I am a firm believer in “set it and forget it”. So most of these accounts are out of sight and out of mind, I don’t have a card or a checkbook connected to them, I would have to go through a time consuming process of transferring money out if I wanted it, and since I know myself pretty well, the harder it is to get that money the better. Then under this table if your goal is to save for a house, put that visual in front of your face to have a goal to work toward. Of course, I could’ve made this a little more technical and had a current house savings goal versus what the goal is, but if you’re like me, my money is all over the place, some of it is in stocks, so going in there everyday to update the pluses and minuses in the market wouldn’t be the best use of my time.
That’s a quick overview of the spreadsheet and of course I have a copy of this spreadsheet in the description for you to use, that you can download. I’m not charging money or anything for it, I just hope it helps you with your savings goal and if you have questions about it, don’t hesitate to reach out, I’d be happy to help. And like I said, it can be done on paper too. Set it up just as I did on this spreadsheet but on paper, maybe consider putting it in a binder, with each month in it, and just doing the math yourself instead of having formulas do it for you and placing this somewhere in your home or office that has you looking at it periodically.
YOU DOWNLOADED THE SPREADSHEET?!
Okay, so you downloaded this spreadsheet or have your pen and paper ready, it’s blank and ready to be catered to your particular situation. What now? I am not a huge believer in generalized budget rules as I mentioned, I do think there’s a time and place for them, but overall, investing some time in figuring out what kind of saver and spender you are would be the most beneficial, because at the end of the day, no one wants to pinch pennies and hate life, moderation is key. So after you have filled out your income, fixed expenses, and all your miscellaneous expenses from the first day of the month to the last, you have a dollar amount that’s leftover after everything. Maybe you have a stock option, IRA, or 401K that you’re already matching with your company that’s coming out of your paycheck so your savings and stocks don’t look as extravagant as my example here, so you can just allocate some to your savings account as well as a separate account for house savings and an emergency fund.
CREATING MULTIPLE ACCOUNTS
My stocks and money market accounts are through fidelity, so I just open up several accounts where I can just leave money, same thing with any bank, you can have several savings accounts if you want, some may charge for it, some may not. Just understand that it won’t be perfect for the first month and maybe not by the 3rd or 4th, this is just a tool to allow you to get better than you were before financially. Maybe after a few months you can see you spend a lot of time going out to dinner with friends, or getting starbucks. Instead of having all these fancy stock accounts, maybe you have a savings account or budget for the amount you can spend on dinners or starbucks each month. If these are things you value, there’s no need to get rid of them, just create a line for yourself in terms of how much you can spend each month. Also understand that goals can change, and these percentages can shift. If your main goal right now is to save for a home, increase that percentage as high as possible while still allowing yourself to have some leftover money to have some fun, do things with your friends, go out to dinner, buy gifts, get new tires for your car, etc. You could have house savings at 30-40% and at the end of the month you might say hey, you know what, I didn’t have a lot of money for gas, or to buy food, next month you might consider putting it at 25% instead. Budgeting really is trial and error, you need to figure out what works best for you, but oftentimes the setback is just having the tools like this spreadsheet to lay the visual out in front of you to mess with over the course of several months.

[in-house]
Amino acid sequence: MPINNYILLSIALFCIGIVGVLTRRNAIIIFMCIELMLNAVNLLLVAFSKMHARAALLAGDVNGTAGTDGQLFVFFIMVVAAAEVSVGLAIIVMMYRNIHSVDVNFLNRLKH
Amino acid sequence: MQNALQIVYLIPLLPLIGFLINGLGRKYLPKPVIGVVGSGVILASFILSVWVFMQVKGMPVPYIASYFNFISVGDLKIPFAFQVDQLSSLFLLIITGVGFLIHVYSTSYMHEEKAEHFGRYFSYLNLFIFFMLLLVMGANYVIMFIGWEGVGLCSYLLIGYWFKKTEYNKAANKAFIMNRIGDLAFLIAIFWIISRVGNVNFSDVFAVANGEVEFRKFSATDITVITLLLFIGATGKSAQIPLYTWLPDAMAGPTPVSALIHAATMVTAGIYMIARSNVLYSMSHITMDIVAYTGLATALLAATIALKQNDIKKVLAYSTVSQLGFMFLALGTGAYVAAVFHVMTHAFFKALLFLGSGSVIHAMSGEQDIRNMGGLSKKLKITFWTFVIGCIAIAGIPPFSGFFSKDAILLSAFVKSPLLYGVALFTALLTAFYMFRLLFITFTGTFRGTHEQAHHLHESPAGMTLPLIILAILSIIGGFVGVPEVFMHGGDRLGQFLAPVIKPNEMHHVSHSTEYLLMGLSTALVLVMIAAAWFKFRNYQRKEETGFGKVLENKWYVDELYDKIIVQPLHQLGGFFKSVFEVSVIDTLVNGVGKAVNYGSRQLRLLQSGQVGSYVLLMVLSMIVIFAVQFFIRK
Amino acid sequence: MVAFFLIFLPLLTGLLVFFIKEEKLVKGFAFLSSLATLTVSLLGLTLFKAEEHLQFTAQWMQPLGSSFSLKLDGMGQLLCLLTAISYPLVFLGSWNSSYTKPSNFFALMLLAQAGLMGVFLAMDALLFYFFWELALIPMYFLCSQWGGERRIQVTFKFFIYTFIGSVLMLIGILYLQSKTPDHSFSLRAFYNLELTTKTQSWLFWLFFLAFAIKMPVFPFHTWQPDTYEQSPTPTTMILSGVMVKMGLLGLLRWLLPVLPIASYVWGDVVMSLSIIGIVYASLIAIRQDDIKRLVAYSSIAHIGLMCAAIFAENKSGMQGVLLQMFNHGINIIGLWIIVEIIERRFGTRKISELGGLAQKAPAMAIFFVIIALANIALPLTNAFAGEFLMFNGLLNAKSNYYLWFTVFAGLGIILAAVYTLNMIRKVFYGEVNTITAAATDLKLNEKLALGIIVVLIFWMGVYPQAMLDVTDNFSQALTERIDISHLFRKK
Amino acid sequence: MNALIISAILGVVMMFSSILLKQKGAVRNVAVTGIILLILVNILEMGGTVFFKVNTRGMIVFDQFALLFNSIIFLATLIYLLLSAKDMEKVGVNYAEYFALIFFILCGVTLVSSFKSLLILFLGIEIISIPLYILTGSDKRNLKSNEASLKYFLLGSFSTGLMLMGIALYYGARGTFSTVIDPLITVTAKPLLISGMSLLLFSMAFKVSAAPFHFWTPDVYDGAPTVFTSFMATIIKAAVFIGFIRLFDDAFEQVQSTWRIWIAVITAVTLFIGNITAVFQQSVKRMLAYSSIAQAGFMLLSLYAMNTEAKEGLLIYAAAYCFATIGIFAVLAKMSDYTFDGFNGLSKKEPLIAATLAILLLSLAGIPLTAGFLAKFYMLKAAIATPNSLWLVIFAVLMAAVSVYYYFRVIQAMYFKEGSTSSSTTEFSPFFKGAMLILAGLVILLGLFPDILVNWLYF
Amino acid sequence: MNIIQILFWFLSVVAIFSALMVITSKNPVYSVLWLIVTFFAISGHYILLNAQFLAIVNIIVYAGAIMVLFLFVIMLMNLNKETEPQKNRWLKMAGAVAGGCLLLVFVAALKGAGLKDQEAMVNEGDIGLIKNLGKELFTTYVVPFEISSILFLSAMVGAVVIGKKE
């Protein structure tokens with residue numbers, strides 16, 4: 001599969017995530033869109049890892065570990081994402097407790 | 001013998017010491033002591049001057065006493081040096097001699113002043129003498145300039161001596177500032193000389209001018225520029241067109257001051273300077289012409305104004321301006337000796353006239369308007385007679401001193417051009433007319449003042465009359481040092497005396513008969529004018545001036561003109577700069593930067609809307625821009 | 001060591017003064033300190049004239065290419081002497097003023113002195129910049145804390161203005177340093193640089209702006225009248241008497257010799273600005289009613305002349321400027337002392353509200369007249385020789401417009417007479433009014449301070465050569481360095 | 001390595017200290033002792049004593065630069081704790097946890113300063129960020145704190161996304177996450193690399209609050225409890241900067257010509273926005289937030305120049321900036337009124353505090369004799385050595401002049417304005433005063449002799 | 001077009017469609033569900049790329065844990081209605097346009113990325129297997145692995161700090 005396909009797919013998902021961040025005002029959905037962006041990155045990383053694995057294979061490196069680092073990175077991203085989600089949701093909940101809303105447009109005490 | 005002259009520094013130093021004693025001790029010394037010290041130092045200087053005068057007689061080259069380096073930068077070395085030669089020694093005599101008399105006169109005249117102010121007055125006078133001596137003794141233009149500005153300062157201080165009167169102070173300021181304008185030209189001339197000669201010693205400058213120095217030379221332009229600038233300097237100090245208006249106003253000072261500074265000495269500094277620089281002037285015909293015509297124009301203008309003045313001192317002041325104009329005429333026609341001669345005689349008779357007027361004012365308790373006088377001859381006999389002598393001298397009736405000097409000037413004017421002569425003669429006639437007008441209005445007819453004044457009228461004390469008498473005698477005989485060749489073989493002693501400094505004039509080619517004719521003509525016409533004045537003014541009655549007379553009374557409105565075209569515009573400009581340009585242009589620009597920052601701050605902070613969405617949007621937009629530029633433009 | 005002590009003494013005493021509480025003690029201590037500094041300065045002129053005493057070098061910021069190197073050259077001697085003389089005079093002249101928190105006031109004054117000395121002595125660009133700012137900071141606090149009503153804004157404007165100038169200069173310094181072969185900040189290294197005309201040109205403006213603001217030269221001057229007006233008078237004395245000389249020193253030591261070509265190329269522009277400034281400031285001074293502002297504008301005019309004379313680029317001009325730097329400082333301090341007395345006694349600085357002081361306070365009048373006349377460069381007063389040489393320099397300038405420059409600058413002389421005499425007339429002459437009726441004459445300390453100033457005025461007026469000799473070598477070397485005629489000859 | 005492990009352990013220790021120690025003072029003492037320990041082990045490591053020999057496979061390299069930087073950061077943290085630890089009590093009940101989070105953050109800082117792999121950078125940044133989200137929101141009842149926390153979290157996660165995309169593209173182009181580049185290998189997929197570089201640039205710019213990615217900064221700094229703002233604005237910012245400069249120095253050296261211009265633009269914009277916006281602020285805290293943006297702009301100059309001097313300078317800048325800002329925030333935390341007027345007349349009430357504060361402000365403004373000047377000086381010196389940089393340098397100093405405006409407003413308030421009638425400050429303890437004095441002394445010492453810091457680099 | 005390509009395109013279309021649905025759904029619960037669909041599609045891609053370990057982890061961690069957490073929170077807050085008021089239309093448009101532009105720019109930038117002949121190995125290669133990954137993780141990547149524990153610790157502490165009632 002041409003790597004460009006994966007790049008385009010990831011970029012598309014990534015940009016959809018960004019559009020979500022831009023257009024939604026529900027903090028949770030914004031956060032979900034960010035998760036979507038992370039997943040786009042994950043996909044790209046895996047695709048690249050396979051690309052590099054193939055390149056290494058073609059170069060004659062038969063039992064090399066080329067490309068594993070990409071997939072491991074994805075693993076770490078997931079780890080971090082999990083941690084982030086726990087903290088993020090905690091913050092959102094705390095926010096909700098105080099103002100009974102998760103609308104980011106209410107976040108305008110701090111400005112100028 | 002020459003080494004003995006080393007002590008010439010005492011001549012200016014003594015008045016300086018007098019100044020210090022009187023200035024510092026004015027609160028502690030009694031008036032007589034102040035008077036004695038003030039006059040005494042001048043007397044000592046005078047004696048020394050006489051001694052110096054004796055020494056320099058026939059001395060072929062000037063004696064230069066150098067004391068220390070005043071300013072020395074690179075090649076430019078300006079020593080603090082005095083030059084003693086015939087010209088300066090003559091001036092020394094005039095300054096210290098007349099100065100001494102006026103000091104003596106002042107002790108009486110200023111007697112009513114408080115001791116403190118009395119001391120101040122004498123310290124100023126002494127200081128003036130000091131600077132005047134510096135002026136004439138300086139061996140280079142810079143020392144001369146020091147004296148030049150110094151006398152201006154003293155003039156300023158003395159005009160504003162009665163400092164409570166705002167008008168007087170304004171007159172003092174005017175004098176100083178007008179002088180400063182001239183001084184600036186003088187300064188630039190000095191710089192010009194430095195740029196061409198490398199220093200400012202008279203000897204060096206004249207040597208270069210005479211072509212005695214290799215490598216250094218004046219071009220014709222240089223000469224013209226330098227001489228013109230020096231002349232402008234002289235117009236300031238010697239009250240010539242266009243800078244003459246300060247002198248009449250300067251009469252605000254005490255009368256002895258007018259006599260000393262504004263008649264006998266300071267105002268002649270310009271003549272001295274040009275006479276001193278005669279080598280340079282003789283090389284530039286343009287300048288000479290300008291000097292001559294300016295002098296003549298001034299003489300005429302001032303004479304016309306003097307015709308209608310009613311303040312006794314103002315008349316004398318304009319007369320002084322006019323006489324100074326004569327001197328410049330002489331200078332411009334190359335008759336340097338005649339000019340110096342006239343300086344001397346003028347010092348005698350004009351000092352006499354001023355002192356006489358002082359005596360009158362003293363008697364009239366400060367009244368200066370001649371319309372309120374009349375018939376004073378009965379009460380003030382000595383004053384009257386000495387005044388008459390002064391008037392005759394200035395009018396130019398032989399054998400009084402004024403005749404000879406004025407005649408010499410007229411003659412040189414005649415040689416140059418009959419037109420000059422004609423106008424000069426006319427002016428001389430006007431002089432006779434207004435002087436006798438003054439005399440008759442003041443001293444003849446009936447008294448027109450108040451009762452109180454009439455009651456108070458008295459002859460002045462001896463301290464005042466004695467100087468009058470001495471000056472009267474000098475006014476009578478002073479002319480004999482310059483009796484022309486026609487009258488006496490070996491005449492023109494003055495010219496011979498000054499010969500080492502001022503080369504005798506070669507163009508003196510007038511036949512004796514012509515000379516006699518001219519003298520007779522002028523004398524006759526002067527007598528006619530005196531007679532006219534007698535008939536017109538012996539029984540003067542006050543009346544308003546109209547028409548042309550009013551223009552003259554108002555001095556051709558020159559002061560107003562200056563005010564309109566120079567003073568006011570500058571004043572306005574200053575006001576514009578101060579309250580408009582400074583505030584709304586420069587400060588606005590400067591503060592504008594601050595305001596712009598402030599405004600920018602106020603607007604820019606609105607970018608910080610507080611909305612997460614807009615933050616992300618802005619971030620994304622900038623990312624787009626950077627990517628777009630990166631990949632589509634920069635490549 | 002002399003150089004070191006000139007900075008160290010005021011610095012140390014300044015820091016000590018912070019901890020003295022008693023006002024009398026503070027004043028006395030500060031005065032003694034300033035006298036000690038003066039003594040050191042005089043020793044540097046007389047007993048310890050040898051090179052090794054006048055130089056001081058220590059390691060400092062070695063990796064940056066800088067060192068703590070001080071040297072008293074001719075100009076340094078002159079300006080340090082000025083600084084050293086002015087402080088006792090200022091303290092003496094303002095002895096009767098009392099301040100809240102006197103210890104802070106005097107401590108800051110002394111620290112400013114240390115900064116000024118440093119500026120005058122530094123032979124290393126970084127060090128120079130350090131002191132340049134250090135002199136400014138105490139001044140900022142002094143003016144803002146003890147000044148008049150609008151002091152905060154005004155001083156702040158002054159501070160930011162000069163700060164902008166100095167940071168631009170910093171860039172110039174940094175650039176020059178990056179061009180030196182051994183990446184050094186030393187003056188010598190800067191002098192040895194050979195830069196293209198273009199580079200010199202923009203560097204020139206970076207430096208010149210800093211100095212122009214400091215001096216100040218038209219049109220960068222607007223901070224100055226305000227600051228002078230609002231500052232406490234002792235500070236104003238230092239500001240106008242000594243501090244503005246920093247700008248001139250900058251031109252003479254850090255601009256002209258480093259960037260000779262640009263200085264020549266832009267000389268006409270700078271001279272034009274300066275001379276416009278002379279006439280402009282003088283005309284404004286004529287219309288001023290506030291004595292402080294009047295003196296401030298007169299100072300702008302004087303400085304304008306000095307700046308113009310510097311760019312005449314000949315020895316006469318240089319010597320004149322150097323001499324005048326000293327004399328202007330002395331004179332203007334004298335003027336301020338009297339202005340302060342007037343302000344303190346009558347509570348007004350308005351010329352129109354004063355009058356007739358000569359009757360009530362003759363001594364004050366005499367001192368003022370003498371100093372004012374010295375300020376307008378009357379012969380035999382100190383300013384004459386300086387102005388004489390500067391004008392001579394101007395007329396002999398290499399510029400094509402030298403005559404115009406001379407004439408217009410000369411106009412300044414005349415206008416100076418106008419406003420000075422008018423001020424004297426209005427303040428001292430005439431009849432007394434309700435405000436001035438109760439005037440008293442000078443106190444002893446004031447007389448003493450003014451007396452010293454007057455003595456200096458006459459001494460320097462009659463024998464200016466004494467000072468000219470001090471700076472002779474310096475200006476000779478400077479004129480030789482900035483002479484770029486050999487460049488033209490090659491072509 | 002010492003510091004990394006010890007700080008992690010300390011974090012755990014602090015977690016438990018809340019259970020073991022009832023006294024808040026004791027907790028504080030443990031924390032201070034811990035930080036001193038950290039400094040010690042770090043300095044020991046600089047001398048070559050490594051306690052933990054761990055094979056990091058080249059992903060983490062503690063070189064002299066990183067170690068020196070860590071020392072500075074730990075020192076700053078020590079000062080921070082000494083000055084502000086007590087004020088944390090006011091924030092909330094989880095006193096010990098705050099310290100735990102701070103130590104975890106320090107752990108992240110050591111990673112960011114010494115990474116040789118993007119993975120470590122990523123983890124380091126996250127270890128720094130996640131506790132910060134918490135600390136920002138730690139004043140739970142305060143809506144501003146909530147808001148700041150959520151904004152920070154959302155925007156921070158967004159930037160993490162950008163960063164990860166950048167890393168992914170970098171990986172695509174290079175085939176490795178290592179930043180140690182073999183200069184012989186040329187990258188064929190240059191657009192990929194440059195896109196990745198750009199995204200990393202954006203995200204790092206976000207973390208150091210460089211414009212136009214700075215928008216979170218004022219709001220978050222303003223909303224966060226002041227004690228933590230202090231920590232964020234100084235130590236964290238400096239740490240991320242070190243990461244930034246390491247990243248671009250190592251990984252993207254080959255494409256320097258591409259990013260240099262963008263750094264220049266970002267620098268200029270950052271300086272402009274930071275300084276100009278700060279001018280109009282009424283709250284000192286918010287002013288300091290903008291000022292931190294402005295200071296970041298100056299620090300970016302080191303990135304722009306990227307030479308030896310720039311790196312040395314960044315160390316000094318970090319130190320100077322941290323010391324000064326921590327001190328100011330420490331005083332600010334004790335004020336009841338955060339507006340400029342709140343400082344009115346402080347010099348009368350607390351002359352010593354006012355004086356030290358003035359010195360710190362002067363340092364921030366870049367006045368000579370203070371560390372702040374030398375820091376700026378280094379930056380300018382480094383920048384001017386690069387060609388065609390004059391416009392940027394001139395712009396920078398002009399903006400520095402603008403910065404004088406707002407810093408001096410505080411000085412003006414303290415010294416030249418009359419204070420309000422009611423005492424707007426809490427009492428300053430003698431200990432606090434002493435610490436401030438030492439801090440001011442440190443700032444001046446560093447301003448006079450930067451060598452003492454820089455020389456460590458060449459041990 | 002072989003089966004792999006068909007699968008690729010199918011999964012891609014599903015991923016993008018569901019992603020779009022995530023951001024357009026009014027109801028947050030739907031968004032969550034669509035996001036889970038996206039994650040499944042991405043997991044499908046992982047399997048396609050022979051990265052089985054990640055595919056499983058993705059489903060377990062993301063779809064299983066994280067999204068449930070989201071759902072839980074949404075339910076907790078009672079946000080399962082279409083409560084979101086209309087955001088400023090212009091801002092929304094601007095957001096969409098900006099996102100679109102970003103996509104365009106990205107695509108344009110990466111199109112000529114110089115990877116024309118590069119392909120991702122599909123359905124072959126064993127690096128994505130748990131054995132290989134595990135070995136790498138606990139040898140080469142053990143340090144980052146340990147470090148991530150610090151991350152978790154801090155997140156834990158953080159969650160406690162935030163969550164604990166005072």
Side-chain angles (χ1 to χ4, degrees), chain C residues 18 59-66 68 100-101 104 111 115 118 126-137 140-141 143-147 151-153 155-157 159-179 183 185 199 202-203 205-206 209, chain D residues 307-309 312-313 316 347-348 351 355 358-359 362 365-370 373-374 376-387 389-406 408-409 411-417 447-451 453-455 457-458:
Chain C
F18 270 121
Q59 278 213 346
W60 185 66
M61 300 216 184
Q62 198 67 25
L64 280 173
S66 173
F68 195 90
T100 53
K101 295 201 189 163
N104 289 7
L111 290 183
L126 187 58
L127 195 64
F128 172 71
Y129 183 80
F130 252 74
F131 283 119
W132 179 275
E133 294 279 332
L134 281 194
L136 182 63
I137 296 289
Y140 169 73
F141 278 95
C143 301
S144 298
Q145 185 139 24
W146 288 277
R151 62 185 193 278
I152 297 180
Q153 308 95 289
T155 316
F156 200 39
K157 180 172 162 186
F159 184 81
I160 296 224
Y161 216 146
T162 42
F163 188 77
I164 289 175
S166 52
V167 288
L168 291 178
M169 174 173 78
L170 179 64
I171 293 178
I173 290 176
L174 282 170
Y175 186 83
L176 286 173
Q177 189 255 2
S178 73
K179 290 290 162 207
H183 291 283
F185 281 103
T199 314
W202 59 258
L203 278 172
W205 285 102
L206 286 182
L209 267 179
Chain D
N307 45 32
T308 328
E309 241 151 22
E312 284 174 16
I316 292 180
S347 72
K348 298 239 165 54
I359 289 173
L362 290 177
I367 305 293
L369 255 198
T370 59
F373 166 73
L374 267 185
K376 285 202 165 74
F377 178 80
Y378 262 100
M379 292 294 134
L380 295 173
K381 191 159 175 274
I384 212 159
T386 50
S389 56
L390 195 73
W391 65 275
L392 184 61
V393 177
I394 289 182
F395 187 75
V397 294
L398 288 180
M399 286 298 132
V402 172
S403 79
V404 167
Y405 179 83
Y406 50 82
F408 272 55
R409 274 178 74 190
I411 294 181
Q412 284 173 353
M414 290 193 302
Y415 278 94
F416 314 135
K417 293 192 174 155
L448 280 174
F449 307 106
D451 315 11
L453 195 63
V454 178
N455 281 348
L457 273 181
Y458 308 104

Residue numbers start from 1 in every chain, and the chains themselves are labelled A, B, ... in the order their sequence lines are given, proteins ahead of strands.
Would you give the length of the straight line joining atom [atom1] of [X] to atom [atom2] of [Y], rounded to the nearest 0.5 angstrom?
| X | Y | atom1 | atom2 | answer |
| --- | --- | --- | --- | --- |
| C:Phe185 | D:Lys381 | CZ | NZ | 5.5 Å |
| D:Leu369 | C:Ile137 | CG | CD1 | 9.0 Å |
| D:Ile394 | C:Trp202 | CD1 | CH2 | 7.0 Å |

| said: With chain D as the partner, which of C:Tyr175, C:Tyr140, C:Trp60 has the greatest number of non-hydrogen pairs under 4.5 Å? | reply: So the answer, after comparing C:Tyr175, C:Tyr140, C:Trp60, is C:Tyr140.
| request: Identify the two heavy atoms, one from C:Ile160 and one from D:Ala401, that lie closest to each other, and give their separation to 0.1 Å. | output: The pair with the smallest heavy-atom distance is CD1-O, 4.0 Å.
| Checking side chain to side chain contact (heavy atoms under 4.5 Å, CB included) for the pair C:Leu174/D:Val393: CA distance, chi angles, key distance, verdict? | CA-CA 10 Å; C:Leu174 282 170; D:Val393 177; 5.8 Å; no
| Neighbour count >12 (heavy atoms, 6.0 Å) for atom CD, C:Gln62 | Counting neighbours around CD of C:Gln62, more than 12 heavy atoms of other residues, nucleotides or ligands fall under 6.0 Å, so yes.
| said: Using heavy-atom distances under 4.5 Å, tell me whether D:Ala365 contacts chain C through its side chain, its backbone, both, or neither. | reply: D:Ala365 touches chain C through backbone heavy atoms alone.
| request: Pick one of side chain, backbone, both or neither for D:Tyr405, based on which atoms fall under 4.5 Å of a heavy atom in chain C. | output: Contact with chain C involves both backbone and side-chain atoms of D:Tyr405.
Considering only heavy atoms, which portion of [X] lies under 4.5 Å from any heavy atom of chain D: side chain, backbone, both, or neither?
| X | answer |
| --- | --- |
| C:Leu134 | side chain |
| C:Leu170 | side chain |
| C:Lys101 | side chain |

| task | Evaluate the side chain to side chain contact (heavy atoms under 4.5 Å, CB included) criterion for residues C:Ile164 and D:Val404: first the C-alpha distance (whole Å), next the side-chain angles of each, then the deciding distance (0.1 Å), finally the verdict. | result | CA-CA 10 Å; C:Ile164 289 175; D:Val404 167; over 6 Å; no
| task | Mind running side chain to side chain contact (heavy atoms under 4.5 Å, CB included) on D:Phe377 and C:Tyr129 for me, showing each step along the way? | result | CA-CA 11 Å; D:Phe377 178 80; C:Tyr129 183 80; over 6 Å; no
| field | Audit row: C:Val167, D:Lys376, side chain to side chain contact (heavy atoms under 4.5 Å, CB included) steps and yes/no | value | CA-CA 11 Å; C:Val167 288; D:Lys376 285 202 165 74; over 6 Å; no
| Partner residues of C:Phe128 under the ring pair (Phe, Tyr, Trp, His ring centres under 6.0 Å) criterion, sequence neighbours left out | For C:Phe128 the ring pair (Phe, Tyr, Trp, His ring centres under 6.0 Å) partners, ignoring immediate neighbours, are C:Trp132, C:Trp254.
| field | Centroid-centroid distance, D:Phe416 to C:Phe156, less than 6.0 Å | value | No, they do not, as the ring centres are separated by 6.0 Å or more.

LET'S TALK SAVINGS "BUCKETS"
The best way to maximize your budget is to figure out what your “buckets” are, that your leftover money will be allocated too (which will be put in the savings and stocks section of the spreadsheet). For example, it could be house savings as bucket #1, stocks as bucket #2, rainy day fund as bucket #3 and emergency fund as bucket #4. And of course these buckets could be catered to whatever your situation looks like. The main goal here is to have these buckets equaling 100%. This is going to take a lot of honesty with yourself and what your situation looks like. If your goal is to save for a house, we might make that 40%. If your car is one more grocery run away from blowing up, maybe you need to allocate the next chunk of funds to your emergency fund for 30%. Then of course if you value fun or taking a weekend trip from time to time, your rainy day fund might take next priority at 20%. The 10% remaining balance can be thrown into your stock accounts. Growing up we were always told to throw money in our savings account, but the problem with that advice is it doesn’t give each dollar we make a purpose, and when it comes to saving and budgeting effectively that’s the number one thing you can do to turn your life around. In today’s world, we often blame inflation and the cost of living in general for the fact we can’t rub two nickels together, but the reality is, people don’t take a second to fill a spreadsheet like this out or even put pen on paper to see what their situation looks like and if they can make any changes to better their situation.
For those of you that have made it this far, what are your thoughts on this spreadsheet? What’s something you do right now that allows you to save money effectively? Drop your thoughts and experiences in the comments below.
Don’t forget to download your free copy HERE
Thank you as always for reading along! If you're looking to buy, sell or invest in the wonderful state of Michigan, please don't hesitate to reach out I’m happy to be your go to resource. Stick around for the next video, until next time.
Andrew McManamon is a Michigan REALTOR® with Signature Sotheby’s International Realty and provides real estate services to Buyers, Sellers and Investors throughout SE Michigan including Livingston County, Oakland County, Washtenaw County, Genesee County & beyond. Andrew has become one of the rising stars of Michigan real estate agents. Prior to his real estate career Andrew was responsible for managing a senior living facility in Brighton, Michigan as a dining supervisor and an activities assistant. Andrew’s passion to help people is unlike any other, and he continues to strive to be best resource he can be. Andrew graduated from Cleary University in Howell, Michigan with a double major and currently resides in Brighton, Michigan.